If you have a cosigner or co-applicant on your personal loan, they, too, could be affected if you default.

When someone cosigns on a loan with you, it means that person is equally responsible for paying back the amount you borrowed. So if a parent or grandparent cosigned on your personal loan to help you qualify, and the loan goes into default, the lender — and debt collectors — may contact both you and your loved one about making payments. And your cosigner’s credit score also could take a hit.

Is There a Way to Avoid Defaulting on a Loan?

If you’re worried about making payments and you think you’re getting close to defaulting — but you aren’t there yet — there may be some things you can do to try to avoid it.

Reassessing Your Budget

Could you maybe squeak by and meet all your monthly obligations if you temporarily eliminated some expenses? Perhaps you could put off buying a new car for a bit longer than planned. Or you might be able to cut down on some discretionary expenses, such as dining out and/or subscription services. This process may be a bit painful, but you can always revisit your budget when you get on track financially. And you may even find there are things you don’t miss at all.

Talking to Your Lender

If you’re open about your financial issues, your lender may be willing to work out a modified payment plan that could help you avoid default. Some lenders offer short-term deferment plans that allow borrowers to take a temporary break from monthly payments if they agree to a longer loan term.

You won’t be the first person who’s contacted them to say, “I can’t pay my personal loan.” The lender likely has a few options to consider — especially if you haven’t waited too long. The important thing here is to be clear on how the new payment plan might affect the big picture. Some questions to ask the lender might include: “Will this change increase the overall cost of the loan?” and “What will the change do to my credit scores?”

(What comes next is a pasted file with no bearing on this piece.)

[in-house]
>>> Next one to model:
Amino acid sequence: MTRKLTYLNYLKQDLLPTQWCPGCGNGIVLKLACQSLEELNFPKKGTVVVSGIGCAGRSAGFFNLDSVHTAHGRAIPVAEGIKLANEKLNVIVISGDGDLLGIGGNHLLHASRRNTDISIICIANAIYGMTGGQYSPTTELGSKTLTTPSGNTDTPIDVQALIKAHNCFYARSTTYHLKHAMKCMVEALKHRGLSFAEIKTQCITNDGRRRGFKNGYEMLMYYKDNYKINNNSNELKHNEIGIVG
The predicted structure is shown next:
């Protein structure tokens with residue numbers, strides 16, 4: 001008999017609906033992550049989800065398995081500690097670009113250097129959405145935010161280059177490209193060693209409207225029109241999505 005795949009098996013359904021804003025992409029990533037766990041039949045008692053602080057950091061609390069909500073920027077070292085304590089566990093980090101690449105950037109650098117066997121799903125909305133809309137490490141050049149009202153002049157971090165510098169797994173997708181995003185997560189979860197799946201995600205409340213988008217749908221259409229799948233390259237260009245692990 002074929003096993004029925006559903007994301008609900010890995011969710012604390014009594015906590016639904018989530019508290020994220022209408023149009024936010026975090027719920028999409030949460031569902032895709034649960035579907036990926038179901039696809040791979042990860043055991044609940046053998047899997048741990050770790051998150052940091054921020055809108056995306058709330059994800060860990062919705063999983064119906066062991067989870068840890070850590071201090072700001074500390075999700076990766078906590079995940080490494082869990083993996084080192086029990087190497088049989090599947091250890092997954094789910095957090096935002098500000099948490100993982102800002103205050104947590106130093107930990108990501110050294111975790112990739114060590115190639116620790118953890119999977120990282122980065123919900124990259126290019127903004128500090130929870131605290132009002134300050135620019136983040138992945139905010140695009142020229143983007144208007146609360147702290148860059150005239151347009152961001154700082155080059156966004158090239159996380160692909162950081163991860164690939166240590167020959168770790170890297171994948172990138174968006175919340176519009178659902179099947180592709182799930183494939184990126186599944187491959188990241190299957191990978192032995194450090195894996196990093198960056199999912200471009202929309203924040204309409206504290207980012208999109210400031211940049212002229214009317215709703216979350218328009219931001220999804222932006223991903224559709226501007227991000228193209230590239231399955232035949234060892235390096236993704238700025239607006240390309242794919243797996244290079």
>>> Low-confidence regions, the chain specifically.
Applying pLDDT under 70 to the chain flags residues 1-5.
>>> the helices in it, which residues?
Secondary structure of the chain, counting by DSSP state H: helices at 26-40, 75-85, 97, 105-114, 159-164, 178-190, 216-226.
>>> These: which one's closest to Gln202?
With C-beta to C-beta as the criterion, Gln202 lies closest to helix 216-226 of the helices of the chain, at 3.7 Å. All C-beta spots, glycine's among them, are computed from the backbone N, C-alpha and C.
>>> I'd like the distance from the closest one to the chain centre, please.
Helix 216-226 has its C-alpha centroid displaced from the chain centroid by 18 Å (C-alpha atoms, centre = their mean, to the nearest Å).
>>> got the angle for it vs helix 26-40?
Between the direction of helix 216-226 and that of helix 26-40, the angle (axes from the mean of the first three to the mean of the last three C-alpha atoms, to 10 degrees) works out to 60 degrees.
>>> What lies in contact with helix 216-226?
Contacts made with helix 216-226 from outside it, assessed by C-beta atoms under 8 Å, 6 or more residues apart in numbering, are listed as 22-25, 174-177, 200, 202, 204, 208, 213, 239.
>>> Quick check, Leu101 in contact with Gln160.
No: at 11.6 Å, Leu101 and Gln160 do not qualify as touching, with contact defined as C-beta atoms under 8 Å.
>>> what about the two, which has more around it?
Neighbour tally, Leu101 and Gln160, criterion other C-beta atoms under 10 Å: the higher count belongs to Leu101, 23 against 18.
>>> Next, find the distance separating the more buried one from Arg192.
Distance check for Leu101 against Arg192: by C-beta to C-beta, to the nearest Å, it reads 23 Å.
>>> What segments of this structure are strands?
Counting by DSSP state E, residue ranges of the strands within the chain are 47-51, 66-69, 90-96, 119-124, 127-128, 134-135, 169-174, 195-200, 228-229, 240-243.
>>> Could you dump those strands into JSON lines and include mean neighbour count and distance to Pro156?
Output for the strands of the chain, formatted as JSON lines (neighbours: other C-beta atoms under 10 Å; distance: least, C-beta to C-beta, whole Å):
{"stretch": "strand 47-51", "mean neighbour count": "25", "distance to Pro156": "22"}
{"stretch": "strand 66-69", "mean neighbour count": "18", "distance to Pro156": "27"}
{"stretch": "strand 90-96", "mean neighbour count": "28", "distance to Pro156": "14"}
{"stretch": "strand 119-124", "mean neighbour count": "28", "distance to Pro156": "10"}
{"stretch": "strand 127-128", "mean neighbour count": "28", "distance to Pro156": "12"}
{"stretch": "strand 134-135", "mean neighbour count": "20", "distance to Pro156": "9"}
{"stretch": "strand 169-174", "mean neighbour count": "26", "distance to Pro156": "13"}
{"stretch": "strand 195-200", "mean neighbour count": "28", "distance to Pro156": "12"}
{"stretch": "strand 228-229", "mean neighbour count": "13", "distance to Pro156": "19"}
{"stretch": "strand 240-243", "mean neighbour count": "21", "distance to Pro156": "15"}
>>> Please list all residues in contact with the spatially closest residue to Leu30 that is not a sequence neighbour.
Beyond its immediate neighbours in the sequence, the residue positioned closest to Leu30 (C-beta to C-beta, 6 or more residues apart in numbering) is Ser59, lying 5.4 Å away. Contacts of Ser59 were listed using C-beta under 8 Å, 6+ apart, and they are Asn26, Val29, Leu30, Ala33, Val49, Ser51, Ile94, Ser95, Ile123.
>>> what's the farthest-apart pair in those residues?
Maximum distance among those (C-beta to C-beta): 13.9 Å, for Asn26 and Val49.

Getting a New Personal Loan

If your credit is still in good shape, you could decide to get proactive by looking into refinancing the old personal loan with a new personal loan that has terms that are more manageable with your current financial situation. Or you might consider consolidating the old loan and other debts into one loan with a more manageable payment.

This strategy would be part of an overall plan to get on firmer financial footing, of course. Otherwise, you could end up in trouble all over again.

But if your income is higher now and/or your credit scores are stronger than they were when you got the original personal loan, you could potentially improve your interest rate or other loan terms. (Requirements vary by lender.) Or you might be able to get a fresh start with a longer loan term that could potentially lower your payments.

If you decide a new personal loan is right for your needs, the next step is to choose the right lender for you. Some questions to ask lenders might include:

•   Can I borrow enough for what I need?

•   What is the best interest rate I can get?

•   Can I get a better rate if I sign up for automatic payments?

•   Do you charge any loan fees or penalties?

•   What happens if I can’t pay my personal loan because I lost my job? Do you offer unemployment protection?

Shopping for a personal loan online can be fast and convenient. With a SoFi Personal Loan, for example, you can find your interest rate in minutes without impacting your credit score.* And with SoFi, you’ll have access to live customer support seven days a week.